NASA released new data Wednesday from its Kepler telescope on more than 1,000 possible new planets outside our solar system — more than doubling the count of what astronomers call exoplanets. They haven't been confirmed as planets yet, but some astronomers estimate that 90 per cent of what Kepler has found will eventually be verified.
The news conference will follow the scheduled release of Kepler mission science data on Feb. 1. The data release will update the number of planet candidates and is based on observations conducted between May 2 and Sept. 17, 2009.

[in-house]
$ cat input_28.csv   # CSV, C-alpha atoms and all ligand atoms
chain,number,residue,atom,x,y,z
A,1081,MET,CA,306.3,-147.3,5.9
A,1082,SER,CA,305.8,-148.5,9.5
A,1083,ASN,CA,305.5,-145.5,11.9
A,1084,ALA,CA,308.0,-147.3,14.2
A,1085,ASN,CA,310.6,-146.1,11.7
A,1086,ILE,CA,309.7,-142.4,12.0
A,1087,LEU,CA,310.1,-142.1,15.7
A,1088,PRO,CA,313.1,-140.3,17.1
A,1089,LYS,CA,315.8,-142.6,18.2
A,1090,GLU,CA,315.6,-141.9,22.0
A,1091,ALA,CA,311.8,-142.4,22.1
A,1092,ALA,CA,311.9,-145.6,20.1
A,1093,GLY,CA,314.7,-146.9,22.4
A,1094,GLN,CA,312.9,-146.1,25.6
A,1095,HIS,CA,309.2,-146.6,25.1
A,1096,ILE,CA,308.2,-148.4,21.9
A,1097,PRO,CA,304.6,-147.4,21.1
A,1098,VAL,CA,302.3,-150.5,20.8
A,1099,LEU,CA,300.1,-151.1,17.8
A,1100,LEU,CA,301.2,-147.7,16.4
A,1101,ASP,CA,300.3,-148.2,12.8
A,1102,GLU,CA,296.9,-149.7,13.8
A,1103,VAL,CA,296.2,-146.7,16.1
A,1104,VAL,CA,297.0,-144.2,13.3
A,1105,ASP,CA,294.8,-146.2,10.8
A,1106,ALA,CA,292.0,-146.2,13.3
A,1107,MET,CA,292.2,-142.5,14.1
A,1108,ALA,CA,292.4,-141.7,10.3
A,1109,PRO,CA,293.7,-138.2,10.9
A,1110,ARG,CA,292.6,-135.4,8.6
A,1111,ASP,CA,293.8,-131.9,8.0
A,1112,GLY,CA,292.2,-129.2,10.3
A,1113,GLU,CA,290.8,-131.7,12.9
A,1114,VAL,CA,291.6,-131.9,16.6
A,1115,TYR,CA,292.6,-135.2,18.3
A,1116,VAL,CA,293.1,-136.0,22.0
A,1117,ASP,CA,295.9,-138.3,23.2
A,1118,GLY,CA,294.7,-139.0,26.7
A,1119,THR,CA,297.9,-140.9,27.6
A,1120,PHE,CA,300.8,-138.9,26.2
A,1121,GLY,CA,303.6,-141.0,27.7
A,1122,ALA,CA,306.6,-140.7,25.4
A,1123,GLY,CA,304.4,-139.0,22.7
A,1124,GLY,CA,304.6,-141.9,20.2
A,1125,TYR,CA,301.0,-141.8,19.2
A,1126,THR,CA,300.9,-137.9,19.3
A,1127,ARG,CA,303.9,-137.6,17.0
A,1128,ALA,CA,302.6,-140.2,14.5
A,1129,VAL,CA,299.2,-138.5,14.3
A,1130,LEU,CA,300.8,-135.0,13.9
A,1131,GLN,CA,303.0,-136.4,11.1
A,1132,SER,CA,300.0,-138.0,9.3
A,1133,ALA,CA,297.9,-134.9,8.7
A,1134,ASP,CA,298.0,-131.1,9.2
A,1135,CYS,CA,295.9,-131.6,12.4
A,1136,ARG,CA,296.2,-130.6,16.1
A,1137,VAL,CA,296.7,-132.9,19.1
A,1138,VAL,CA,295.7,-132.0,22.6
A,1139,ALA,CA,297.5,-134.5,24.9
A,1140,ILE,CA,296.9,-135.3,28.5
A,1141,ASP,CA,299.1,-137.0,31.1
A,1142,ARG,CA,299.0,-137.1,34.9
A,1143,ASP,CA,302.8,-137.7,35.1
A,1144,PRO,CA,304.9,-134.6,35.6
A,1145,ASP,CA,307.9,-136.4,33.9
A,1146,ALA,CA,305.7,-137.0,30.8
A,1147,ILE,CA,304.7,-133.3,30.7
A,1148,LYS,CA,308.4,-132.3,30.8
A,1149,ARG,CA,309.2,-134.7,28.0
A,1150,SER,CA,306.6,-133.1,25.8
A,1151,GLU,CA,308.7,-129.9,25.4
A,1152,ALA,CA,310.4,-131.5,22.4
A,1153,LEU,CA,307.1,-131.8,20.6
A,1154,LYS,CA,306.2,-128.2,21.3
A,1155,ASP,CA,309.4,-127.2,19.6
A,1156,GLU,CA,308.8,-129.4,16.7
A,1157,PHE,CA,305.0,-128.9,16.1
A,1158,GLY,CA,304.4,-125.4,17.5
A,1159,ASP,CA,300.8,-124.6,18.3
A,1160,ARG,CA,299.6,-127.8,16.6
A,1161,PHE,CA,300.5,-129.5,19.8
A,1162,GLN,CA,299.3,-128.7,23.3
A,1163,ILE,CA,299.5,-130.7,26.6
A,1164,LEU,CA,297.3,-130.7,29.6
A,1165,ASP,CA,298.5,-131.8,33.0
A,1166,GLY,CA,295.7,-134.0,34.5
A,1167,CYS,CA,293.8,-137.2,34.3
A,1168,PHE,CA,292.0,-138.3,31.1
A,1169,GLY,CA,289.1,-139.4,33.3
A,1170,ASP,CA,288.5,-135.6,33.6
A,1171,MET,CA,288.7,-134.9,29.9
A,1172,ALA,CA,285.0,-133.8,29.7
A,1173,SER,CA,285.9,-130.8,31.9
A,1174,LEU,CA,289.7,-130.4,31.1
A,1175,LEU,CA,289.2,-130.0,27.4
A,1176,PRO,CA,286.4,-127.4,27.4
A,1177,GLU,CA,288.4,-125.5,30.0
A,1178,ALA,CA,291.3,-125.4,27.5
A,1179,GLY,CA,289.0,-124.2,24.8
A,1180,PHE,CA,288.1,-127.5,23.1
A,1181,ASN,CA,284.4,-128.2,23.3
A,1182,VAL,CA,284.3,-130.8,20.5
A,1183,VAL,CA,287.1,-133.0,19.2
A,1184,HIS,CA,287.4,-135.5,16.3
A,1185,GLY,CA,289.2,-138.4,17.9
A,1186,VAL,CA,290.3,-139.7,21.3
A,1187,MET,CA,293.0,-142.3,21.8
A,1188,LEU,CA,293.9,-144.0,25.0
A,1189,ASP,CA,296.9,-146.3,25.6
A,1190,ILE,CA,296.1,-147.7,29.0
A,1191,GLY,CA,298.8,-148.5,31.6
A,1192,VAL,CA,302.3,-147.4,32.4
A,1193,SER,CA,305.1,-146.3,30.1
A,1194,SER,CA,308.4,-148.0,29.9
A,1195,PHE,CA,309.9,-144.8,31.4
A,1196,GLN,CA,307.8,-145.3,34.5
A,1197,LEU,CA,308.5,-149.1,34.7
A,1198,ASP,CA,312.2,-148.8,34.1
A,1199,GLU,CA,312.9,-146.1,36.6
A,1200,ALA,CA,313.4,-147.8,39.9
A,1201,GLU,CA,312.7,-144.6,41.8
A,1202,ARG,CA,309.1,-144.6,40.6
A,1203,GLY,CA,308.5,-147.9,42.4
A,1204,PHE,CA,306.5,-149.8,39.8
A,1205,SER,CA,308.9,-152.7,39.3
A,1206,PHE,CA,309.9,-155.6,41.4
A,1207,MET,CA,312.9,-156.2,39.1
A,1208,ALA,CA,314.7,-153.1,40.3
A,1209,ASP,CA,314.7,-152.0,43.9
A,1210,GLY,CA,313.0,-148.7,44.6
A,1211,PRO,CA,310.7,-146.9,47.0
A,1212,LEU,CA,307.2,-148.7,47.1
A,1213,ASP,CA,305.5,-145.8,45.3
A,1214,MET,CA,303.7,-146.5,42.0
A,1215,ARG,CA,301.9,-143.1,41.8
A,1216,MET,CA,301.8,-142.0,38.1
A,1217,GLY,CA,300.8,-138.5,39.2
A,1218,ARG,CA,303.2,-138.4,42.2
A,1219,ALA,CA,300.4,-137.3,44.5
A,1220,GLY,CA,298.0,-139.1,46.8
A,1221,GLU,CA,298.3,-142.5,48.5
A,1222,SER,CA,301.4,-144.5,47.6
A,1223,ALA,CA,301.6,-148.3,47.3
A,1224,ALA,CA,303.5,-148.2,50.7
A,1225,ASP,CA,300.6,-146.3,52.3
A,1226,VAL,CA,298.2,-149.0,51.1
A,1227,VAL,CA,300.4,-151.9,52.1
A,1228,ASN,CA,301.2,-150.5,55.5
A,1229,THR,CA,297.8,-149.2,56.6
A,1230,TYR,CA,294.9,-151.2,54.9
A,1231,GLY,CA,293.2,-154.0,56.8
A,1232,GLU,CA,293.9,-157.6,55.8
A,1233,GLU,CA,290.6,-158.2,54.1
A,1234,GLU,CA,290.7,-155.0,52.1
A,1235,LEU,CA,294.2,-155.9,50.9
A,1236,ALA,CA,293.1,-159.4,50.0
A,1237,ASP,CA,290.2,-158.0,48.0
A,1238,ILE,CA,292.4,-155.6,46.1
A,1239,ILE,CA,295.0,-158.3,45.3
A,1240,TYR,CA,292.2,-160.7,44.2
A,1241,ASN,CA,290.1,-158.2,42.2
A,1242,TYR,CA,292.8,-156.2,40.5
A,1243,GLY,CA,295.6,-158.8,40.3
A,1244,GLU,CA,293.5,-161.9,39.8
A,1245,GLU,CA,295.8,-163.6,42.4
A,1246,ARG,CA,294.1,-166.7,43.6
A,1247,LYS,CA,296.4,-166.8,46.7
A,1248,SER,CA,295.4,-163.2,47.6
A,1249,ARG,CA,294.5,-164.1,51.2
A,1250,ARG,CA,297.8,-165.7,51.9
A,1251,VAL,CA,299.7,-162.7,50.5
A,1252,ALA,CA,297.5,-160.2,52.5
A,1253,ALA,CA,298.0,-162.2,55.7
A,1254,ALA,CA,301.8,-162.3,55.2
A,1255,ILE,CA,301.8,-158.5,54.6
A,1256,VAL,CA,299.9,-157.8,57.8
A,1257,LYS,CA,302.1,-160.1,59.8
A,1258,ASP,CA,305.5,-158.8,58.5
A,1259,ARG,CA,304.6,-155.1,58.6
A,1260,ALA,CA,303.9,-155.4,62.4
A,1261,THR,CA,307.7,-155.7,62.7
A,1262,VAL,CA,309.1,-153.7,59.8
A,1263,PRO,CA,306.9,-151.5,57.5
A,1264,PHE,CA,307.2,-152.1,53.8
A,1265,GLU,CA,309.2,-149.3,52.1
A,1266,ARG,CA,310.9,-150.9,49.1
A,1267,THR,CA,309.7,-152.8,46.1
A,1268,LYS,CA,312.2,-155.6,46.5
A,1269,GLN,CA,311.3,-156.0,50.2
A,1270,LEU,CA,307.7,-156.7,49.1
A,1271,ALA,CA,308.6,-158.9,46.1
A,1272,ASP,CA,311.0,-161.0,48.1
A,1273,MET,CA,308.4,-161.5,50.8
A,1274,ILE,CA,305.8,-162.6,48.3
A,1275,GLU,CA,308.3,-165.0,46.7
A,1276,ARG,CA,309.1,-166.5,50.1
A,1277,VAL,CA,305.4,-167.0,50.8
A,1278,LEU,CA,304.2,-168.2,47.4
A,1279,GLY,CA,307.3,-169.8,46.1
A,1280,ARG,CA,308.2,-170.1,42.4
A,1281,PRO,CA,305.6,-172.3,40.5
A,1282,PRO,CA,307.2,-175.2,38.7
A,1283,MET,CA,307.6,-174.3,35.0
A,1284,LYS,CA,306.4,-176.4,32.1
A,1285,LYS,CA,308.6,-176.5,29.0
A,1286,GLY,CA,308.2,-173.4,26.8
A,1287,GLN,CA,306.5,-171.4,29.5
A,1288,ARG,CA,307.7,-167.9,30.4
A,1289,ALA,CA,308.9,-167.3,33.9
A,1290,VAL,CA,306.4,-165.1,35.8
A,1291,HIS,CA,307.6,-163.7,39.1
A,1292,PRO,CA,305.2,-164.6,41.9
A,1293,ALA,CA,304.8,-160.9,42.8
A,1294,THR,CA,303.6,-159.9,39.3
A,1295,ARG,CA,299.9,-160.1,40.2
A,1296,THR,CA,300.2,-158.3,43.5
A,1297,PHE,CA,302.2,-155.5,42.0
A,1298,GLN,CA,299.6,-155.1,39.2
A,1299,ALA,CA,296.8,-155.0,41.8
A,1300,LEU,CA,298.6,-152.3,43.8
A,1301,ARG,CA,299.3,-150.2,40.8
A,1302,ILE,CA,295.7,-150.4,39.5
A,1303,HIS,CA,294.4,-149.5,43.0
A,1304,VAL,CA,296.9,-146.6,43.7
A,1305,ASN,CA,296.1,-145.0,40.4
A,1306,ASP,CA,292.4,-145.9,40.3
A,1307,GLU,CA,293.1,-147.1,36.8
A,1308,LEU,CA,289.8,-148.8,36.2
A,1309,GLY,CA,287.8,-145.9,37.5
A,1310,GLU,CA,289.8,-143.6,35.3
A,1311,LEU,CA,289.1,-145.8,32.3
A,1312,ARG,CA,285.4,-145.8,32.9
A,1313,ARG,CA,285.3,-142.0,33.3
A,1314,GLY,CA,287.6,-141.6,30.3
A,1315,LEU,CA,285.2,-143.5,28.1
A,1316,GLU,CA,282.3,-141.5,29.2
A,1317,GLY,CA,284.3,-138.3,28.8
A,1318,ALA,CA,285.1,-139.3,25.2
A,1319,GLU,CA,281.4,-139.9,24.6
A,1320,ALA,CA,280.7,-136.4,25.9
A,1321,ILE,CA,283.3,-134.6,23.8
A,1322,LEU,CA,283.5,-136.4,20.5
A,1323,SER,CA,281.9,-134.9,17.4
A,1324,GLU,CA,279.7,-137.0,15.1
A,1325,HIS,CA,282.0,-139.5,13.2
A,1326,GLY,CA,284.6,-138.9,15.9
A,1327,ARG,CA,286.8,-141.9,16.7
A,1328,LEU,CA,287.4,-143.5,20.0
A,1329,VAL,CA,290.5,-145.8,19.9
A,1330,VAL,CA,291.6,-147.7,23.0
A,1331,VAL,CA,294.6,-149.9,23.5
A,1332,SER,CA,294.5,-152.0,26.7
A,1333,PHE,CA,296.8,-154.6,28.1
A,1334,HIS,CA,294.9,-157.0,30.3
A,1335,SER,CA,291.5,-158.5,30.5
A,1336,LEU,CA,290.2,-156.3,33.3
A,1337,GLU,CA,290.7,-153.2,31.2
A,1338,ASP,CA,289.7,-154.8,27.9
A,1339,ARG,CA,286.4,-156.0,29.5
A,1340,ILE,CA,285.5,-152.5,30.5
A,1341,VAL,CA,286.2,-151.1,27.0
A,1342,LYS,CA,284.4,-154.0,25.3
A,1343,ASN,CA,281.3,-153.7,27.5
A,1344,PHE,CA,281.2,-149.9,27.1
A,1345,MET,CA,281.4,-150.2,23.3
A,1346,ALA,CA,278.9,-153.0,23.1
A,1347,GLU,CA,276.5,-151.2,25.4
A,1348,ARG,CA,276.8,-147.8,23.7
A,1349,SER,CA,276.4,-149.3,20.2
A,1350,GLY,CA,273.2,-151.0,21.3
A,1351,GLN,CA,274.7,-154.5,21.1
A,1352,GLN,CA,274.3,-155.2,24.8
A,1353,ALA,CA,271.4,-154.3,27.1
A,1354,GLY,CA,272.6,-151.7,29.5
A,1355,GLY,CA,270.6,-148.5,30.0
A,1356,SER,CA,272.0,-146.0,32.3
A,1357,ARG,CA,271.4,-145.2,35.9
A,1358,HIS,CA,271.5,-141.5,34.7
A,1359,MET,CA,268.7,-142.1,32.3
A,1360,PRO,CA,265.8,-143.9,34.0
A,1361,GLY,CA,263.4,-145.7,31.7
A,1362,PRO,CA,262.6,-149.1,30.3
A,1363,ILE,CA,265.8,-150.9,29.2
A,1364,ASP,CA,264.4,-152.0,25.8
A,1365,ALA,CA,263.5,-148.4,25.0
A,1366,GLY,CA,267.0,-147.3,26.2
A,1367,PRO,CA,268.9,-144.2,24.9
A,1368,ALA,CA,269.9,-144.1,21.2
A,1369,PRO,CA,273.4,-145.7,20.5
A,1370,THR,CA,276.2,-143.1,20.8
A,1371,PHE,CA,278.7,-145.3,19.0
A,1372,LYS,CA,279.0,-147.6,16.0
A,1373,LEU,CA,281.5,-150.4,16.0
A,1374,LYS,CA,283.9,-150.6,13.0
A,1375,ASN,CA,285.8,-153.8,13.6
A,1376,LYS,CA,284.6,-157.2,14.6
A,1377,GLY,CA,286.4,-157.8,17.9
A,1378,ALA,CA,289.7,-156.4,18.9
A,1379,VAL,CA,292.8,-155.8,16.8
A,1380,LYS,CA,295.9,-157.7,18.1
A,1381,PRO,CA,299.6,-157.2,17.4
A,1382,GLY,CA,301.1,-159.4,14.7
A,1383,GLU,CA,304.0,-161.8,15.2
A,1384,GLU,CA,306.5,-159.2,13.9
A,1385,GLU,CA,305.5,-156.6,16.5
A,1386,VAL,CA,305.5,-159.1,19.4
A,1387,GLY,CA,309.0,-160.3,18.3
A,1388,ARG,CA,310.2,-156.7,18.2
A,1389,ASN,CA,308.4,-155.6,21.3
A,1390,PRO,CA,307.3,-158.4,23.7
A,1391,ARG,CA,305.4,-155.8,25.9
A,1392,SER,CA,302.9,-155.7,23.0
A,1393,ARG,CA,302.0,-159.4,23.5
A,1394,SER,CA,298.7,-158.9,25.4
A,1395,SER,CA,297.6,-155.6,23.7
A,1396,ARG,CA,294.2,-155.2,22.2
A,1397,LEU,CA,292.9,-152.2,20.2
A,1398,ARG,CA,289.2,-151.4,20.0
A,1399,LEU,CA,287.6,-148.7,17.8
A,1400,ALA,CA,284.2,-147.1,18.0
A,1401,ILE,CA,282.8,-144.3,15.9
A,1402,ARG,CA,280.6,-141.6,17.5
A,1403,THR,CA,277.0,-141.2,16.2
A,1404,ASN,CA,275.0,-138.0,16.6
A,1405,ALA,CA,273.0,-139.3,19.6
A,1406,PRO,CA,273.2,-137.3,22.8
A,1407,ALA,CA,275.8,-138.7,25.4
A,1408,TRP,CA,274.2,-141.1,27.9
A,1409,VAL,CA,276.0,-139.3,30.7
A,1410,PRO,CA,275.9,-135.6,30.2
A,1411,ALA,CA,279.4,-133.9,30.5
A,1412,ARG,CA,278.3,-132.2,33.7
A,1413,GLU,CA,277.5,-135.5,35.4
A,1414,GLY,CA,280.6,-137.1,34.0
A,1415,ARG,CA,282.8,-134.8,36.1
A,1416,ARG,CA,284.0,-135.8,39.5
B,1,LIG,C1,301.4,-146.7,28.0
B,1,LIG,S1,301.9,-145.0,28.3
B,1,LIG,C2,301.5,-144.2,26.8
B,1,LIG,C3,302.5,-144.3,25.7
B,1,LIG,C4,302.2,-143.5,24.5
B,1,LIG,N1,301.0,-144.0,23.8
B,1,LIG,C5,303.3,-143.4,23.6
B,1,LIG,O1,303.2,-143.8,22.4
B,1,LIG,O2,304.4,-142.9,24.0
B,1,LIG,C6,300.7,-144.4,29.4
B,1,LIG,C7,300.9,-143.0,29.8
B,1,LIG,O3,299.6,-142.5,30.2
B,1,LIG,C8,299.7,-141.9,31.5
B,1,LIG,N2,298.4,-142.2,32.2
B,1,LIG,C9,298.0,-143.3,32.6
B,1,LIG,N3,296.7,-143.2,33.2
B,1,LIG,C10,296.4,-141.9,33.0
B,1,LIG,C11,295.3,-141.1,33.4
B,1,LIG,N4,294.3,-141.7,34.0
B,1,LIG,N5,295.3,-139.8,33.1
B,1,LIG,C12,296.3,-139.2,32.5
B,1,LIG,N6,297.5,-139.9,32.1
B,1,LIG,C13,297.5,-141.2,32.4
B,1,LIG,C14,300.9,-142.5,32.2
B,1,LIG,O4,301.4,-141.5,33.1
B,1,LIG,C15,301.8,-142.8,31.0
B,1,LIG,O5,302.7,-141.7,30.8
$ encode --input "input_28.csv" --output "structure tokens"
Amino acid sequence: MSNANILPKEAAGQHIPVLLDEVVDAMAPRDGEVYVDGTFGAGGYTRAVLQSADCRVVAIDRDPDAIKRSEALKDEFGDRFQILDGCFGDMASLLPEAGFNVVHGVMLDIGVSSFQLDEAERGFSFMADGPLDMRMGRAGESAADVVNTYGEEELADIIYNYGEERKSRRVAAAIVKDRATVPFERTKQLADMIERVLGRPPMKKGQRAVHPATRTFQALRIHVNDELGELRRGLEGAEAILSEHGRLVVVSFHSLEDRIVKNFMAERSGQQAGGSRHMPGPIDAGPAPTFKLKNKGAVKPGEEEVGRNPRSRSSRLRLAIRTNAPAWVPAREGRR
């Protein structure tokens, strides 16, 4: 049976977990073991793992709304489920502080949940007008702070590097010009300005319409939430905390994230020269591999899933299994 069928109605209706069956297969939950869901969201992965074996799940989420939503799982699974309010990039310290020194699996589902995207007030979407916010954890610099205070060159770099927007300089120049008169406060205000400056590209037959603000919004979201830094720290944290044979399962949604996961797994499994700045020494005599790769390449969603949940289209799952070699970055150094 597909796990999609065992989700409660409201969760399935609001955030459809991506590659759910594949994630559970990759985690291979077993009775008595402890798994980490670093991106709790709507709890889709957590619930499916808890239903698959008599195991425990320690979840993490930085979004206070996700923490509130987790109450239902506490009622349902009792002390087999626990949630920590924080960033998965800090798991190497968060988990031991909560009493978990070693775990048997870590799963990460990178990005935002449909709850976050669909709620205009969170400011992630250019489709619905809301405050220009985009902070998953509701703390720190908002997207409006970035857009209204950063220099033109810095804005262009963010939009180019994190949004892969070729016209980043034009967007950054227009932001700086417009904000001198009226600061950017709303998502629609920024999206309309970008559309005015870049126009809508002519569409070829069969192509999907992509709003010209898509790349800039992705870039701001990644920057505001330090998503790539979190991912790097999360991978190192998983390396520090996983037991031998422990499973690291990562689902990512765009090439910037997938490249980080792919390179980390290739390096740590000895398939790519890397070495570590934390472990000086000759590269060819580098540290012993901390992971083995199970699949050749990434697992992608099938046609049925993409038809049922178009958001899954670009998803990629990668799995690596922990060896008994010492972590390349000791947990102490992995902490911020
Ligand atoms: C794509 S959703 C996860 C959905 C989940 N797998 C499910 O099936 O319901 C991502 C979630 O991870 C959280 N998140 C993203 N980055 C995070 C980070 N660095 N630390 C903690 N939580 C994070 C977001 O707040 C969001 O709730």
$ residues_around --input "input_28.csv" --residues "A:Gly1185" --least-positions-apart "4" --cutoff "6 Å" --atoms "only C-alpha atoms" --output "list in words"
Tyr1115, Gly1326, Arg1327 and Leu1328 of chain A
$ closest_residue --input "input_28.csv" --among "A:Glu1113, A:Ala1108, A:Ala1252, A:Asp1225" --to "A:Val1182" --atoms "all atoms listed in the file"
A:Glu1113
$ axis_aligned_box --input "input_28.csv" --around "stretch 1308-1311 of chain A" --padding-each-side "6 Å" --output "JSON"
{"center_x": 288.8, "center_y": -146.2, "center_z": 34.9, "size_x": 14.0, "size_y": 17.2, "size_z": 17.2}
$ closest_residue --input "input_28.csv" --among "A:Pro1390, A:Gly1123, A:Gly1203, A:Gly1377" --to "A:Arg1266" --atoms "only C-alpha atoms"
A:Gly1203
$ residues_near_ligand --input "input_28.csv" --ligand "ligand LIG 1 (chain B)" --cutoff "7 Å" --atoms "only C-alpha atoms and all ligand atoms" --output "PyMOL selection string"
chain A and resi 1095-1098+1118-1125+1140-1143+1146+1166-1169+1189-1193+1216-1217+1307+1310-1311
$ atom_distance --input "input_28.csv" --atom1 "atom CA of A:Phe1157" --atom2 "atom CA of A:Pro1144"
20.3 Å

Kepler is the first NASA mission capable of finding Earth-size planets in or near the "habitable zone," the region in a planetary system where liquid water can exist on the surface of the orbiting planet. Although additional observations will be needed over time to achieve that milestone, Kepler is detecting planets and planet candidates with a wide range of sizes and orbital distances to help us better understand our place in the galaxy.
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